1. Never to make war in the country. vented from coming up; and that,


2. Nor introduce, nor enlift troops, therefore, they were to apply to his nor build forts there. Viceroy, we being ready to interpose 3. Nor keep on foot more than 125 our good offices.

foldiers, for the service of their factoUpon this, the Dutch commenced sies at Chinsura, Cefjembuzar, and Pathoftilities lower down the river, by na: And, bring ball on our vefsels, seizing feve- 4. To send away all their vessels and ral of them, pulling down our colours,


troops immediately, upon pain of beand taking our people prisoners. They ing expelled the country. began also hostilities on land, by taking down our colours at Fulta and The Reply to this CHARGE is to the Reapou, and burning the houses and

following Effet : effects of the company's tenants.

The Dutch did ship troops at BataGovernor Clive acquainted the Na- via, in June 1759; but even allowing bob with these proceedings; adding, E that this armament was projected as that, as it was against us the Dutch had gainst Bengal, the English had no reason commenced war, he ought to consider to imagine it was projected against the quarrel as sublisting only between them ; for the Dutch have many letthem and us.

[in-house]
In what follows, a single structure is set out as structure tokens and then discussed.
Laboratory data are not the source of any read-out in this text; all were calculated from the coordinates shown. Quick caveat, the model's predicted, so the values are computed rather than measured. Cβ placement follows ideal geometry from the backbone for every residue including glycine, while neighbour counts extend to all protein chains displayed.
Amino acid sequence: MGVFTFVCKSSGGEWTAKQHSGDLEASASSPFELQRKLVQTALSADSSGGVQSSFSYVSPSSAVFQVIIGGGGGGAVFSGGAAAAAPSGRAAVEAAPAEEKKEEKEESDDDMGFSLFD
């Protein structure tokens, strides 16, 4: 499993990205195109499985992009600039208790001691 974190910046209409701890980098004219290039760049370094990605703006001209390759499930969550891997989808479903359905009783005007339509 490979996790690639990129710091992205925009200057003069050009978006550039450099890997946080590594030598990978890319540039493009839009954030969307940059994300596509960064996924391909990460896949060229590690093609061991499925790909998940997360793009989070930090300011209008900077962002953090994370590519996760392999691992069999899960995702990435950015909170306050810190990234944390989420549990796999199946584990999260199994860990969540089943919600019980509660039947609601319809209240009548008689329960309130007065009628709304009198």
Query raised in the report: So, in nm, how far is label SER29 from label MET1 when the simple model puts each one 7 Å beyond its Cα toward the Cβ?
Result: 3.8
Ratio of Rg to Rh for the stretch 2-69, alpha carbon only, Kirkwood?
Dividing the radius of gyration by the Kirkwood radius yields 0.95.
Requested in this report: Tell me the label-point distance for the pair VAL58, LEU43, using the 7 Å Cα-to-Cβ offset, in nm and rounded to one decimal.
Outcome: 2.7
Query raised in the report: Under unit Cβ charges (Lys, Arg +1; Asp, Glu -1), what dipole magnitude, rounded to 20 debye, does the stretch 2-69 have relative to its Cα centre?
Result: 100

tlements at Bengal of great importance, : Every thing was now got ready for for the protection of which, they are action, and the first blow truck against obliged to maintain troops there ; the Duteh was the taking possession of which are increased, or diminished, as Barnagore,

F circumstances require. The Dutch vessels, in the mean time, The Governor of Batavia therefore advanced with their captures and pri- had a right to send the necessary comfoners ; and our three vefleis that fol. plement of troops to Bengal; nor could lowed them had orders to pass them, any umbrage be justly taken at it by and take post above the batteries; the English. where every measure to destroy the An addition of troops was then neDutch ships, if they should venture to G cellary, because, during the war of the pass, was taken ; but the Dutch com: Englijs against the French and the Pr. mandant threatened the vesels, that, of Tanjour, the Dutch, though they ob. if they paffed, he would fire into them served the titrictelt neutrality, suffered

On the 21st of November, the Dutch greatly from the violence of the condebarked 700 Europeans, and sco. Bug- tending parties, of which many inSofes.

ftances are given. On the 24th, restitution of our ver- That these troops were not intend. fels was demanded, and refused; upon H ed against the English at Bengal, apwhich we attacked their fleet, and in- pears from their going firft to Coro. mirely defeated it. The fame day, the mandel, where a reinforcement was also Brieb attacked Col. Ford on fore, and necefTary. were there also repulsed with loss. That the Englip had no right to stop The next day, the agth, the Dutch and visit the Dutcb veífels; and there